MPs debate nonracialism ahead of EFF protest at Brackenfell High School
ANC MP Mondli Gungubele has called on political leaders to resist the temptation to sow polarisation and disunity as the country grapples with nonracialism and social cohesion.
Gungubele was speaking in the National Assembly during a debate tabled in his name on Thursday.
The debate came a day ahead of a demonstration to be staged by the EFF outside the Brackenfell High School after they were granted permission by the city of Cape Town.
The protest by the EFF follows racially charged violent clashes between red-beret supporters and a group of white parents a fortnight ago during a picket against a private matric ball that was attended only by white pupils.
It also comes on the back of racial confrontations between white farmers and EFF supporters outside the Senekal magistrate's court in the Free State last month during the appearance of suspects arrested for the murder of a local farm manager.
Opening the debate on “nonracialism and social cohesion,” Gungubele urged MPs to ensure that what took place recently in the Free State and Western Cape did not recur.
“Honourable members we can all agree that what transpired in Senekal and Brackenfell can never happen again, we hope so. Neither should we shy away from condemning how some leaders among ourselves conducted themselves in both incidences,” said the former mayor of Ekurhuleni who now chairs the portfolio committee on social development.
“We must be able to rise above as leaders in this country and engage on the prevailing conditions which have led to this debate today. We must be solutions-orientated and not fall into a trap of polarising and sowing disunity among our people.”
The DA’s Zakhele Mbhele said it was ironic that the debate took place a day before the EFF's scheduled demonstration at Brackenfell High School.
“It is a very sad day in our country when schools become the sites of such racial hostility ... a scenario that echoes similar and equally abhorrent flashpoints in the early 1990s when there were also racially charged standoffs in sites of whites-only schools as they started to desegregate.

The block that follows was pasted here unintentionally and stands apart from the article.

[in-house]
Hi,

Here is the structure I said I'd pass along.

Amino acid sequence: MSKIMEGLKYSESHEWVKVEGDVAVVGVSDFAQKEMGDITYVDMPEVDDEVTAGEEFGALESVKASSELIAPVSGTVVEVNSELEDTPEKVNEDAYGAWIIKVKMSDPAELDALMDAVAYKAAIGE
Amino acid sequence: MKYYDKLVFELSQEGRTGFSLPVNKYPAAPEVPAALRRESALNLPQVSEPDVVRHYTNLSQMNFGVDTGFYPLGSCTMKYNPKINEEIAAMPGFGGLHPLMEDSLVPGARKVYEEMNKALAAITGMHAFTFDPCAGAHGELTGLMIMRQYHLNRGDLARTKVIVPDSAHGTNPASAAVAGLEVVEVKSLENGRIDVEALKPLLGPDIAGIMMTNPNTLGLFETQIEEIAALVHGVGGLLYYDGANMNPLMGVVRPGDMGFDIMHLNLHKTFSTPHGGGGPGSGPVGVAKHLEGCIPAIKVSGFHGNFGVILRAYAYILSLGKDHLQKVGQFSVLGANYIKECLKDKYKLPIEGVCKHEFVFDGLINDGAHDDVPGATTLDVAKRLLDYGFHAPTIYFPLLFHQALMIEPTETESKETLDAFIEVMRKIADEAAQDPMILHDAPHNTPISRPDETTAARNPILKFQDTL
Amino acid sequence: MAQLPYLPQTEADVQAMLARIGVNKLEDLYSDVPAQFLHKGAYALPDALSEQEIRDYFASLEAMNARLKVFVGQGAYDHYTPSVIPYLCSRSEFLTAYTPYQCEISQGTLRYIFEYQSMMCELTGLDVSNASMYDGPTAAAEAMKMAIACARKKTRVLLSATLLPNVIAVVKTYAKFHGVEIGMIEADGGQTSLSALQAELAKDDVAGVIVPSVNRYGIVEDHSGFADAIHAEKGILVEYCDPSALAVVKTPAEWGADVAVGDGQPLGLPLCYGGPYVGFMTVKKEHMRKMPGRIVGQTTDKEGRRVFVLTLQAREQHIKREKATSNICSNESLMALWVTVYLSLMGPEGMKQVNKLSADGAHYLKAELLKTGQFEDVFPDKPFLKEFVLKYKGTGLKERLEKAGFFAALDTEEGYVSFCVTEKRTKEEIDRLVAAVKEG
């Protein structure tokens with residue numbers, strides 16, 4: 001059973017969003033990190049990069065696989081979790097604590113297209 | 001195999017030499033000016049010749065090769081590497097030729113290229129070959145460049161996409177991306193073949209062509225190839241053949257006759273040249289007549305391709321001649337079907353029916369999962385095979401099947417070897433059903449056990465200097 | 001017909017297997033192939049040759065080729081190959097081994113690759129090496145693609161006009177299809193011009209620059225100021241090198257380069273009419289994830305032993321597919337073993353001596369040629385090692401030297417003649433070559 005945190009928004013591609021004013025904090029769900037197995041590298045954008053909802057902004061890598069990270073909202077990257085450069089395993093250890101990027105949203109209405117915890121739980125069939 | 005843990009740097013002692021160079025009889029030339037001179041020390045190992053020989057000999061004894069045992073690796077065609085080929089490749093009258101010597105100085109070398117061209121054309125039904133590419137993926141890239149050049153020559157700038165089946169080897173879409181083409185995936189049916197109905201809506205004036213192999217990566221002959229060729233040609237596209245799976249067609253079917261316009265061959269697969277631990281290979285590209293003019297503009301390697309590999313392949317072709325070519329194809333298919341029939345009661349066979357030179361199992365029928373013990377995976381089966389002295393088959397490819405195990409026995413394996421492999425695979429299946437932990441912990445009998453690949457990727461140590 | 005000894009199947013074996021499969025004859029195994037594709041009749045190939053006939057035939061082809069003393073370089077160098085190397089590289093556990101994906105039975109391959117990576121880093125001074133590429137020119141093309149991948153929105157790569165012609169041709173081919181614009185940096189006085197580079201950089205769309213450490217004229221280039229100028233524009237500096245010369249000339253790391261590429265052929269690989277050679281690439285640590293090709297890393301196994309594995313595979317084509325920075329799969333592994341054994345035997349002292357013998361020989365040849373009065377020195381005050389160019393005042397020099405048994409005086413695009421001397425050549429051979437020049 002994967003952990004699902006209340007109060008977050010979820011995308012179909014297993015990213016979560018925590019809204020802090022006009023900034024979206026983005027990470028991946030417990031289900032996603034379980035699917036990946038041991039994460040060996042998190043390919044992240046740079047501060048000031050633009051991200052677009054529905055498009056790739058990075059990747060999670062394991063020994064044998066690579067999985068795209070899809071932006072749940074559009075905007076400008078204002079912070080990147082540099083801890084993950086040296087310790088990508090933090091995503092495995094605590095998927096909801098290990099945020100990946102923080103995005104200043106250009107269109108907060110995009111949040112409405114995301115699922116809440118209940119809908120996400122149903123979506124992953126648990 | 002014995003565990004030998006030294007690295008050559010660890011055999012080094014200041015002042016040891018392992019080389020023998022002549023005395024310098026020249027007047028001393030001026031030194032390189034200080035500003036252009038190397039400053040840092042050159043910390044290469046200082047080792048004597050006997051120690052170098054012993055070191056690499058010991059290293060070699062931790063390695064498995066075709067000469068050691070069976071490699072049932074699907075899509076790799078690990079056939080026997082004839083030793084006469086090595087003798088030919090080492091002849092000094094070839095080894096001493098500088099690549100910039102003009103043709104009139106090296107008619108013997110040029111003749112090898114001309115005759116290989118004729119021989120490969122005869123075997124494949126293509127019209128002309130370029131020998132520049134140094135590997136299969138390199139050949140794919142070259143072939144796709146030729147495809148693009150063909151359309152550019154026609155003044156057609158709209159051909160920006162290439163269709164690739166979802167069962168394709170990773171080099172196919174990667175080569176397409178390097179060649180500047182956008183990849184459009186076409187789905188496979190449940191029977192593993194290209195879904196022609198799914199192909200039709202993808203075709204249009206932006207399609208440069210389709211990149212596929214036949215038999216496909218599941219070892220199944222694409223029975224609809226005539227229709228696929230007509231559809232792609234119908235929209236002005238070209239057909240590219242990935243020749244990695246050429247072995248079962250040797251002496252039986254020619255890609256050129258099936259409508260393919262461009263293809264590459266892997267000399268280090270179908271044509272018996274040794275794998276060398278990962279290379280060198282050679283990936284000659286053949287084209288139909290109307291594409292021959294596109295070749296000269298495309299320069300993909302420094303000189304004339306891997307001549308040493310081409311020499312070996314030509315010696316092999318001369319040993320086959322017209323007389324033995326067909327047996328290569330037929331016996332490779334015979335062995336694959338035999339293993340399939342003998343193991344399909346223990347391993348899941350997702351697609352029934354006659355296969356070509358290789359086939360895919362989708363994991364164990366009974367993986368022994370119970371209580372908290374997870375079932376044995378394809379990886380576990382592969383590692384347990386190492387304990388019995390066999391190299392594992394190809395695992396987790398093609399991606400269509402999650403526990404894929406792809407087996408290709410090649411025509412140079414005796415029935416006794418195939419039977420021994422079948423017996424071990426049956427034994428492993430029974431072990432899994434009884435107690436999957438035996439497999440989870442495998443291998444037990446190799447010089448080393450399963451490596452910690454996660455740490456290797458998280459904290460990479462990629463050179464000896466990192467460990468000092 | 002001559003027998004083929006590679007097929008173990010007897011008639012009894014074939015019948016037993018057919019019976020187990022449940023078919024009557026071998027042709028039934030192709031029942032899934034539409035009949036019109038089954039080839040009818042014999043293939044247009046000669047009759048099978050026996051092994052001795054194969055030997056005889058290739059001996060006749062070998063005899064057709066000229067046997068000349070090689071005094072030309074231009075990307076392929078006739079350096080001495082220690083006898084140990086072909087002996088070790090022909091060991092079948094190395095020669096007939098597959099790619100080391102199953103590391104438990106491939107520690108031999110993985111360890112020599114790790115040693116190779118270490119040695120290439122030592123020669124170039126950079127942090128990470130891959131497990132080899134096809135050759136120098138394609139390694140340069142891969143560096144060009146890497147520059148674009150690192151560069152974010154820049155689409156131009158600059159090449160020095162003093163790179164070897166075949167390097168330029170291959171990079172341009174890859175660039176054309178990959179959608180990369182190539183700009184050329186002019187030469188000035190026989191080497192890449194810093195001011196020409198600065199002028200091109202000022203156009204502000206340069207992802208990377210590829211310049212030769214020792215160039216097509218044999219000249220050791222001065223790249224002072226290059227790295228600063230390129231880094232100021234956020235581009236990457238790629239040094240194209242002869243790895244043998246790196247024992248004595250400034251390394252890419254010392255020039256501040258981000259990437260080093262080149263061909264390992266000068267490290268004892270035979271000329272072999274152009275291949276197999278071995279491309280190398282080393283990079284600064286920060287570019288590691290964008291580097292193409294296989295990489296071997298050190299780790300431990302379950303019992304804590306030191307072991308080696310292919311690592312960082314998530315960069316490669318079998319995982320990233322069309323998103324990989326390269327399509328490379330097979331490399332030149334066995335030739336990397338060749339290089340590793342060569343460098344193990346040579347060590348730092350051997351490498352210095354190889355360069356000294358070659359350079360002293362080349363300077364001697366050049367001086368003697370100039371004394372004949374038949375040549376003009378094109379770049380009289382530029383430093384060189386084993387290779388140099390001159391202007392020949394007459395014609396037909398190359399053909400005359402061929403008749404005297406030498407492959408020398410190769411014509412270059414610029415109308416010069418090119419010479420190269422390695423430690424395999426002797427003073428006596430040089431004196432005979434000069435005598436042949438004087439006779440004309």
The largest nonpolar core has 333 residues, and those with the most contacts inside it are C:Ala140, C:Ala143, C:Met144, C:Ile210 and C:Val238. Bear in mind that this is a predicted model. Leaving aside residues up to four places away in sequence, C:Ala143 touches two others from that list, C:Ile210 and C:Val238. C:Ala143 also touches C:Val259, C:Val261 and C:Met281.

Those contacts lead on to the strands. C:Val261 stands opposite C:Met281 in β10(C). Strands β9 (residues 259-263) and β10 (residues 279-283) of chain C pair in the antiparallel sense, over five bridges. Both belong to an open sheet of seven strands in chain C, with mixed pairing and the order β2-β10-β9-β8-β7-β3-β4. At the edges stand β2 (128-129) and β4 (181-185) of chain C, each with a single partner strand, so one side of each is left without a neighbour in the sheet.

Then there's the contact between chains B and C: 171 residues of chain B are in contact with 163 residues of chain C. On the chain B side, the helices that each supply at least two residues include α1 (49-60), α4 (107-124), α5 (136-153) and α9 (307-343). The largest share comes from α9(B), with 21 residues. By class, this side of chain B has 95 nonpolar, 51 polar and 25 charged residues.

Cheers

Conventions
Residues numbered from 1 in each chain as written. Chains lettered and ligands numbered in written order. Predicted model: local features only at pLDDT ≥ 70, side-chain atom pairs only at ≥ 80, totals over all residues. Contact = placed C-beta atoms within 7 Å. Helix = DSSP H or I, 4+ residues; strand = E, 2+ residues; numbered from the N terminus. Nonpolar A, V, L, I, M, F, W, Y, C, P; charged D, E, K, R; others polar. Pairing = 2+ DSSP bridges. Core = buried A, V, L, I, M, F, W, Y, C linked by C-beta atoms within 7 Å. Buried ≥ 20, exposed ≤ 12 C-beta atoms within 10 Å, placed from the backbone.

“Our responsibility as leaders is not to stoke and intensify animosities but rather set the example, dialogue and respectful engagements that promote understanding and broad commitment to reach solutions for the many problems that we face,” said Mbhele.
But the EFF’s Sinawo Tambo said nonracialism would remain a pipe dream as long as a bulk of the economy remained in the hands of a white minority.
“It is the control of over 80% of this country’s land by the white minority that makes nonracialism impossible and social cohesion impossible. It is the fact that our mothers and grandmothers clean toilets in the day and go home to use pit-toilets at night that makes social cohesion impossible,” she said.
The IFP's Narend Singh said all citizens had to show commitment to nonracialism.
“This is not an easy task. The reality is that there will always be smaller groups and larger cultural groups, and diversity in view point. It means that each of us needs to be willing to listen and respect each other. It is not going to be an event, it is going to be a process that starts in our schools,” he said.
Corne Mulder of the FF Plus was concerned that the country had a highly racialised society where some people felt excluded. “What is the problem, why don’t we have social cohesion and why do we always talk about that? I believe that building social cohesion will not succeed if we merely continue to stumble from one sporting event to the next without successfully creating a sense of belonging among our people.”
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